After the Obama marriage fell apart, the young Barack spent four years with his mother and her second husband in Jakarta, Indonesiamarker. He returned to the United States at age ten to live with his maternal grandparents in the Makiki district of Honolulumarker and enrolled in the fifth grade at the Punahou Schoolmarker. The tuition fees for the prestigious preparatory school were paid with the aid of scholarships. Ann would later come back to Hawaii and pursue graduate studies; she eventually earned a PhD in anthropology and went on to be employed on development projects in Indonesia and around the world helping impoverished women obtain microfinance. When she returned to Indonesia in 1977 for her Masters' fieldwork, Obama stayed in the United States with his grandparents. Obama writes in his memoir, Dreams From My Father, "I’d arrived at an unspoken pact with my grandparents: I could live with them and they'd leave me alone so long as I kept my trouble out of sight."
Dunham in about 1950

Obama and his half-sister Maya Soetoro-Ng referred to Madelyn Dunham as "Toot" — short for "tutu," the Hawaiian word for grandmother. In his book, Obama described his grandmother as "quiet yet firm", in contrast to Obama's "boisterous" grandfather Stanley. Obama considered his grandmother "a trailblazer of sorts, the first woman vice-president of a local bank." Her colleagues recall her as a "tough boss" who would make you "sink or swim", but who had a "soft spot for those willing to work hard." She retired from the Bank of Hawaii in 1986.

During an interview for Vanity Fair, Obama said, “She was the opposite of a dreamer, at least by the time I knew her... Whether that was always the case or whether she scaled back her dreams as time went on and learned to deal with certain disappointments is not entirely clear. But she was just a very tough, sensible, no-nonsense person.” During his teenage years, it was his grandmother who “injected” into him “a lot of that very midwestern, sort of traditional sense of prudence and hard work,” even though “some of those values didn’t sort of manifest themselves until I got older.”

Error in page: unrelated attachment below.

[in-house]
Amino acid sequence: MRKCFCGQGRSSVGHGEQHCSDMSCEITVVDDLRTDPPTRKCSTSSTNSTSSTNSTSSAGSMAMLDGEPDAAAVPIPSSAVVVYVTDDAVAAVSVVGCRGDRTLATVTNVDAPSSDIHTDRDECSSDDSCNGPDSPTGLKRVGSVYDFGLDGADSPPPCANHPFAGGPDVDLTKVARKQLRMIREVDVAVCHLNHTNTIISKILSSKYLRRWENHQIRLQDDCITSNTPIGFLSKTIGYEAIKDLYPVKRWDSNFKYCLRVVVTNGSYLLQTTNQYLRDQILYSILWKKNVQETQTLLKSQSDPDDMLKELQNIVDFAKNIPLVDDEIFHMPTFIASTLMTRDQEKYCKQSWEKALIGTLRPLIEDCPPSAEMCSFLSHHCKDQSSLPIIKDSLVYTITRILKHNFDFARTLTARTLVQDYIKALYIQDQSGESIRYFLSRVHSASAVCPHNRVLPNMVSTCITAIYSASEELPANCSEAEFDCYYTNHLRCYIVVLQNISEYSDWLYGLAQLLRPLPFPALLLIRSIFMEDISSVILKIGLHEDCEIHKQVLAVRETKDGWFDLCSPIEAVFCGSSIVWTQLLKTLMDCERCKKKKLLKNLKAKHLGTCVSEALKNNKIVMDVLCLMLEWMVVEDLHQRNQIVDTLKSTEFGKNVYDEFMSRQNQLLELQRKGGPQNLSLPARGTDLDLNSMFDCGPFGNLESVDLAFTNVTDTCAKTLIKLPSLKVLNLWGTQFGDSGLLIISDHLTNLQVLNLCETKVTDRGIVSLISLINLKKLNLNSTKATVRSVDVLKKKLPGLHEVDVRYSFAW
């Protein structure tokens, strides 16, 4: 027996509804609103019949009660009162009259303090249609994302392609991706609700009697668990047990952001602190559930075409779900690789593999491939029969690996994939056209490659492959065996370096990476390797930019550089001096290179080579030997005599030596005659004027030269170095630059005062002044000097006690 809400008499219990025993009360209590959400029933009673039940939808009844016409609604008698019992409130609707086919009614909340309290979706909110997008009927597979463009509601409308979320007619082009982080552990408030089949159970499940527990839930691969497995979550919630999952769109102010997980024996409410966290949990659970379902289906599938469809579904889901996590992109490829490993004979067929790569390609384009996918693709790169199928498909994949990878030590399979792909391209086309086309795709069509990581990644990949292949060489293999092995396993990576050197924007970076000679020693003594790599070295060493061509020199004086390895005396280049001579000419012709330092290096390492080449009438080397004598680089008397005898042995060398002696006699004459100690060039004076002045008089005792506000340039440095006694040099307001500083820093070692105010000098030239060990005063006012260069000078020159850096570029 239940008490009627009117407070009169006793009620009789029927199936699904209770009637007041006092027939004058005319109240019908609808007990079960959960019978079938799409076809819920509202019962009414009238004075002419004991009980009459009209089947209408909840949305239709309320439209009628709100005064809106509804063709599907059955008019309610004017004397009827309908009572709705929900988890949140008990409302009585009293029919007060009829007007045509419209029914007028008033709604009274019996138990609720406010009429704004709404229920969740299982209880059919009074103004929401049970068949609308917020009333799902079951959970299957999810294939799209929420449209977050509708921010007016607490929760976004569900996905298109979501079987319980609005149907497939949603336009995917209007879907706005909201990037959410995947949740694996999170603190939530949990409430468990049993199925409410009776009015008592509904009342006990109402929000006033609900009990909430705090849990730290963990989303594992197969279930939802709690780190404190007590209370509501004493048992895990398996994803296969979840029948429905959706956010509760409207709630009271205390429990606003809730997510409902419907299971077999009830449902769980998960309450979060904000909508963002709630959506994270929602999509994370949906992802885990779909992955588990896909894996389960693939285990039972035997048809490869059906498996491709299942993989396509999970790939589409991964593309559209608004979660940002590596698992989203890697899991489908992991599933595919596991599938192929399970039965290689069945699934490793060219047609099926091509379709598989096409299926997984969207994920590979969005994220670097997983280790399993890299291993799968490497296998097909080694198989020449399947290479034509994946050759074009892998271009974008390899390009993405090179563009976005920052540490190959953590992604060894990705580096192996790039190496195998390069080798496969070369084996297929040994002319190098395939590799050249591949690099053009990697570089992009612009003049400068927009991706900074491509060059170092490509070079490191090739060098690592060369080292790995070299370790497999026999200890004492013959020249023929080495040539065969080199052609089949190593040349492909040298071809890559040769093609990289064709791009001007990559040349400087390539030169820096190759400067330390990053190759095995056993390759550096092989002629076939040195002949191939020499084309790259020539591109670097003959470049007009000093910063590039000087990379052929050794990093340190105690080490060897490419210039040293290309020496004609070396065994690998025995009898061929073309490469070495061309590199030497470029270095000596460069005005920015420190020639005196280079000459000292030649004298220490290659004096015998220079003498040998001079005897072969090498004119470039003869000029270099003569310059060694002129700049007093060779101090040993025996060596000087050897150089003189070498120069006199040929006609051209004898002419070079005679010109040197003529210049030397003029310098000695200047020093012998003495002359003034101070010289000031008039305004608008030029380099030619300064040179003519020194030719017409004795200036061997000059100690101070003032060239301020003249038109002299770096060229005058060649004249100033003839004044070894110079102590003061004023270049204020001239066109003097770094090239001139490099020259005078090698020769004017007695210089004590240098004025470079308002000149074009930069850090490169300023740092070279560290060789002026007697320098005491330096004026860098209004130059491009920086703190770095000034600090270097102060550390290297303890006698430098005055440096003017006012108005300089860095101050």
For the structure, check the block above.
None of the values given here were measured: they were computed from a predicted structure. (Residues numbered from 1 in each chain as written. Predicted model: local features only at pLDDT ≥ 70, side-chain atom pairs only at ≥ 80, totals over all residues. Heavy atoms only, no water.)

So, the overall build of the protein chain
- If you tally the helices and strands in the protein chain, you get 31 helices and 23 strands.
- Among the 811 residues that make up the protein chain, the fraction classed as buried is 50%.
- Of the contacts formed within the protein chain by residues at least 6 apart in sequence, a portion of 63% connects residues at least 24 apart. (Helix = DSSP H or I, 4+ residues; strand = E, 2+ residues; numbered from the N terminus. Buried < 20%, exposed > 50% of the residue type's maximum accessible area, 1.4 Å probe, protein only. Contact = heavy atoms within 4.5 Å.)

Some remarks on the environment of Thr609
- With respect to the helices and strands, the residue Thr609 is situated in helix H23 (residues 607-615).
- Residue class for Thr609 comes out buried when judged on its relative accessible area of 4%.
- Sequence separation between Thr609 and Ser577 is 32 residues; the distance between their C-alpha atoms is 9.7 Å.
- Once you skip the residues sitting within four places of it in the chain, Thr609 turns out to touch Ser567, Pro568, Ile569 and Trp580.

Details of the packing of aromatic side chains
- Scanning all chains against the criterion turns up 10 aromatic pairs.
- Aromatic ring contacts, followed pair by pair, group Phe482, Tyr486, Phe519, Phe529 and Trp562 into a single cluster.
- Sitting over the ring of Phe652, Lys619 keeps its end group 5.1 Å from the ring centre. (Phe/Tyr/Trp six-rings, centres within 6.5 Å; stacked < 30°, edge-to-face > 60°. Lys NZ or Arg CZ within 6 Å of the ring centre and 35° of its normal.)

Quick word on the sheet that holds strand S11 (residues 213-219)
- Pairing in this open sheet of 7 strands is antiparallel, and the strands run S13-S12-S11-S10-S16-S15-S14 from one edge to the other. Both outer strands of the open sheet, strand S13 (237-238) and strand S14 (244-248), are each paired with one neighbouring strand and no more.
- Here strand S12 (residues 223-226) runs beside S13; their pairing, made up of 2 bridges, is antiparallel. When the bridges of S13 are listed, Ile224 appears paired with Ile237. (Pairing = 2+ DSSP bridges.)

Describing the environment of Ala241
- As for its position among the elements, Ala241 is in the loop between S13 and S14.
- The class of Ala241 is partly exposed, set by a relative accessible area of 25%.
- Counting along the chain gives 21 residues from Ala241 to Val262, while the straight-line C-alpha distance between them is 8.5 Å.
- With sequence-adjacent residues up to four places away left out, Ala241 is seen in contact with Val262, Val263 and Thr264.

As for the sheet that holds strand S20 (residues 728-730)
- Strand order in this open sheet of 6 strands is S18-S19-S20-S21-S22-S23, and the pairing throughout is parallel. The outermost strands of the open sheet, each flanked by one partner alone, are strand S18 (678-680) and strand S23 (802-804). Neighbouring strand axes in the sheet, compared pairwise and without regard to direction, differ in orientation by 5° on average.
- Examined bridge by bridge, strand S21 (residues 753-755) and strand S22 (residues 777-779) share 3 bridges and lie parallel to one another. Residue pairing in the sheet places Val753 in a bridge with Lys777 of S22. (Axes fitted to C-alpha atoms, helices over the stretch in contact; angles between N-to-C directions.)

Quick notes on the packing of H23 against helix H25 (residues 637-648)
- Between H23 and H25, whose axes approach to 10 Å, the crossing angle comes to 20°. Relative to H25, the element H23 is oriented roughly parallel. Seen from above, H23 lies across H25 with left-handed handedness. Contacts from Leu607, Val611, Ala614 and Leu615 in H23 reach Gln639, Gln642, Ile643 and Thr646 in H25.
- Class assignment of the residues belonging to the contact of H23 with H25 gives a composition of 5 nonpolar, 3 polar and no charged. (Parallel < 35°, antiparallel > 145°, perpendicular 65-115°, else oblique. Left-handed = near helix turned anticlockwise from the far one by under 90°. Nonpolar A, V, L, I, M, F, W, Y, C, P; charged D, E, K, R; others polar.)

During an interview with Diane Sawyer, "She never got a college education, but is one of the smartest people I know... She's where I get my practical streak. That part of me that's hardheaded, I get from her. She's tough as nails."

Obama said his iconic image of his grandmother was seeing her come home from work and trading her business outfit and girdle for a muumuu, some slippers and a drink and a cigarette.

Madelyn's later life

Until her death, Dunham lived in the same small high-rise apartment where she raised her grandson Barack. She was an avid bridge player, but mostly stayed at home in her apartment "listening to books on tape and watching her grandson on CNN every day." Madelyn Dunham suffered from severe osteoporosis. In 2008, she underwent both corneal transplant and hip replacement surgeries.

2008 presidential campaign

Madelyn Dunham was generally not seen in the 2008 presidential campaign. In March 2008, the 85-year-old Dunham was quoted as saying, "I am not giving any interviews...I am in poor health."

On March 18, 2008, in a speech on race relations in Philadelphiamarker in the wake of controversial videos of Obama's pastor Jeremiah Wright surfacing, Obama described his grandmother:

I can no more disown him than I can my white grandmother - a woman who helped raise me, a woman who sacrificed again and again for me, a woman who loves me as much as she loves anything in this world, but a woman who once confessed her fear of black men who passed by her on the street, and who on more than one occasion has uttered racial or ethnic stereotypes that made me cringe.

On March 20, 2008, in a radio interview on Philadelphia's WIP , Obama explained this remark by saying:
The point I was making was not that my grandmother harbors any racial animosity - she doesn't. But she is a typical white person, who, if she sees somebody on the street that she doesn't know...there's a reaction that's been bred into our experiences that don't go away and that sometimes come out in the wrong way, and that's just the nature of race in our society.